Why small businesses shouldn't skimp on healthcare
With some affordable options out there, there's no reason for small-business owners to not offer health coverage; here are some tips to get started.
NEW YORK (CNNMoney.com) -- The good news is that the cost of employer-sponsored health plans has been declining in recent years. The bad news is that the number of small business owners that offer coverage has also fallen off.
Last week, the Census Bureau reported that percentage of people covered by employment-based health insurance dipped slightly last year to 59.5 percent. In 1979, 69 percent of workers had health coverage from their employers.
Small businesses are responsible. Almost all firms with more than one hundred employees offer health insurance; only 34 percent of firms with less than 10 employees have coverage (see chart).
One big reason is that per-person premiums are much lower in large groups, according to Katherine Swartz, author of Reinsuring Health: Why More Middle Class People Are Uninsured and What Government Can Do.
That's because insurance sold through bigger groups carries a lower risk for the insurer. In the case of small groups and individuals, insurers face a greater risk of high medical costs per person, according to Swartz.
But despite the pressing needs of a small venture, industry experts believe there is no reason not to offer healthcare coverage.
"Companies that offer insurance attract and are able to retain a more conscientious employee," said Grant Moore, director of Oregon-based Benefit Advisors, which provides employers with benefit packages for their employees.
Not to mention, "taking care of your employees is just the right thing to do," he added.
Unfortunately, many small business owners believe group health insurance is just too pricey, but they might be surprised to see what's available.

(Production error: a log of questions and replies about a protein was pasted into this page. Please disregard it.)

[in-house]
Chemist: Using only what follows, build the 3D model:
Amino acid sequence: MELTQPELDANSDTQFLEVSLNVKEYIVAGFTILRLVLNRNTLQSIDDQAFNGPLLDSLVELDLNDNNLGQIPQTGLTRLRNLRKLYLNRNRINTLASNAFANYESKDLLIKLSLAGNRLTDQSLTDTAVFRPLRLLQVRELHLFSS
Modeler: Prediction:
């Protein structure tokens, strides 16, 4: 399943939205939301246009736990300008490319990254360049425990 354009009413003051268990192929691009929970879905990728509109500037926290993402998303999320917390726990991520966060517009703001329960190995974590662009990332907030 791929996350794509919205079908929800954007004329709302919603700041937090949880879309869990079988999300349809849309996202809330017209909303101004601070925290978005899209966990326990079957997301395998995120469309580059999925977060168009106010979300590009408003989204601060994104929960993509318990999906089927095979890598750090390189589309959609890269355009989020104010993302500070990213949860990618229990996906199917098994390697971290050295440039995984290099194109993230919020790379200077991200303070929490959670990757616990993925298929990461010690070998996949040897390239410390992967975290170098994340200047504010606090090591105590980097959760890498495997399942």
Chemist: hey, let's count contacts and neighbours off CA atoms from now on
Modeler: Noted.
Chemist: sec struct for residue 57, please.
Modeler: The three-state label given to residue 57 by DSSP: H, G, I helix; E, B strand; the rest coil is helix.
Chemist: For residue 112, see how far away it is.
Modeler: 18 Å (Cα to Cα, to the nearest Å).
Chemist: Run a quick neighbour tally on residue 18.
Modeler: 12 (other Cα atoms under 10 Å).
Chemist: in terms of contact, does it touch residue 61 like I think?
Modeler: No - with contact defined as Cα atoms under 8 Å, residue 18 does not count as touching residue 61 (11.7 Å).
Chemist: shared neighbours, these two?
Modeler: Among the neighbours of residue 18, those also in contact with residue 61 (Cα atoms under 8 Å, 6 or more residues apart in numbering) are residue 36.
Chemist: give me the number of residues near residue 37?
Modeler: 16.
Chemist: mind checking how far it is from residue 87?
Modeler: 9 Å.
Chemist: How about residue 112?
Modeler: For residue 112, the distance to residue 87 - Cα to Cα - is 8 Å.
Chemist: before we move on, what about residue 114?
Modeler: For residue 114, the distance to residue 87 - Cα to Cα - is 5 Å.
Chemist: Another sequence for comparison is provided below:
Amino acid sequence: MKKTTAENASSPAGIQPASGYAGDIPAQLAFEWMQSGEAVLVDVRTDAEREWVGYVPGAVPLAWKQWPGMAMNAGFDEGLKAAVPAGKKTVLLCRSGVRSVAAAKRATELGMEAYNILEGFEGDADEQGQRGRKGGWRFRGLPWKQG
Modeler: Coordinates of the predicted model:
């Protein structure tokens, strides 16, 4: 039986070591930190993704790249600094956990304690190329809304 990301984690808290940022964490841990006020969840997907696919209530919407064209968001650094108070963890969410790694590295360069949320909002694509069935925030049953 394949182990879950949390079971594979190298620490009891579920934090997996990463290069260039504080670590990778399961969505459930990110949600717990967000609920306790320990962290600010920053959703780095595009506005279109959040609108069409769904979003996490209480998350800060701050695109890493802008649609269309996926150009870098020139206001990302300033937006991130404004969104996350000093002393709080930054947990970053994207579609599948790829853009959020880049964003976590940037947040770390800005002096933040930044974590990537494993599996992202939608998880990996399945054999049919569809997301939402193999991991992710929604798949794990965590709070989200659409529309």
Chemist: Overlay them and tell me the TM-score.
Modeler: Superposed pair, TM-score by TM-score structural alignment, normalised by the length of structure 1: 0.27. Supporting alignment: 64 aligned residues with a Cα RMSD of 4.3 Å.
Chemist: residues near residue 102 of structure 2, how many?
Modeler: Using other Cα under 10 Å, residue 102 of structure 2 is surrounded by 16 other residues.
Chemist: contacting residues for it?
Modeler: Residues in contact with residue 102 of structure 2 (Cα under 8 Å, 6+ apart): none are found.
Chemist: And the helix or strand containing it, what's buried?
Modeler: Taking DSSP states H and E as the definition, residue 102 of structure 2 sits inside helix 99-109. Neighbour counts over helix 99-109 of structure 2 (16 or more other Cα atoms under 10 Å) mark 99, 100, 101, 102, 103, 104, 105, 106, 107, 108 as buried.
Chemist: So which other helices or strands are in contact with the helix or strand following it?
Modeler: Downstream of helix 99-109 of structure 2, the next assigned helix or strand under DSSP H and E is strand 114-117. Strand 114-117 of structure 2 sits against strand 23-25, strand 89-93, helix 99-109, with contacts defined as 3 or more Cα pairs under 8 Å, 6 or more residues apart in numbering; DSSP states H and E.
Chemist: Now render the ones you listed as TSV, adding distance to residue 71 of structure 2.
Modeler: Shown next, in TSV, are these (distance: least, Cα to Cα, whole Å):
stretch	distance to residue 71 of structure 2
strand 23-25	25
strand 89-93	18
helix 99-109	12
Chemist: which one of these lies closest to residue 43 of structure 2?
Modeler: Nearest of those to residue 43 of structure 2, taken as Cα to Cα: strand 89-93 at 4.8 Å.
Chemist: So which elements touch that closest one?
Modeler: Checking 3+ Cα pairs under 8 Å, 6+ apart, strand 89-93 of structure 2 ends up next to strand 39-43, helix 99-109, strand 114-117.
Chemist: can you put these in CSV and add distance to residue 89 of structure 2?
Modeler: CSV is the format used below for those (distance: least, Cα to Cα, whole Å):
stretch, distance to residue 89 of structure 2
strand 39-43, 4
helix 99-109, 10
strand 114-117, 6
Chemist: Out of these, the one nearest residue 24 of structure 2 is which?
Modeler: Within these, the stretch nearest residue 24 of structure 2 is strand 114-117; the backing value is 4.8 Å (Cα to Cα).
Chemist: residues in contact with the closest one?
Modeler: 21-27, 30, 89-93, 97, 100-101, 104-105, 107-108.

Get covered without going broke
While the options for employers are vast, mostly depending on the state and local carriers, there are affordable policies out there that all small-business owners should consider.
Additionally, health plans are fully deductible as a business expense and any portion that the employer pays for his or her own coverage is tax deductible (that goes for employees too).
For example, a Health Savings Account, or HSA plan, allows money to be put in before tax is paid on it and then withdrawn tax free for qualified medical expenses. Interest earned on the money is also tax-deferred.
In order to open an HSA, you must have a qualified High Deductible Health Plan, or HDHP. Premiums for HDHPs are lower because the deductible is high ($1,050 for a single plan and $2,100 for a family plan as of this year).
Also sometimes referred to as catastrophic medical plans, HDHPs mean that employees with a minor illness or injury will cover their medical expenses out of pocket, but they will be covered in the case of a serious illness.
"This is the least expensive option for offering group insurance to your employees and it's a great place to start," Moore said. And, as the business grows, employers can choose to lower the deductible to $750 or $500.
But this type of coverage is not ideal if an employee has high medical expenses or a lot of prescriptions. "The goal of the HSA is to allow people to roll over their money year after year," Moore said.
Most people, though, according to Swartz, don't have major medical expenses. People with $50,000 or more in annual bills are in the top 1 percent, which accounts for 28 percent of total health spending.
To get started, check out some sites like hsabank.com and nahu.org, which offer more information on coverage options and have lists of providers and health insurance agents.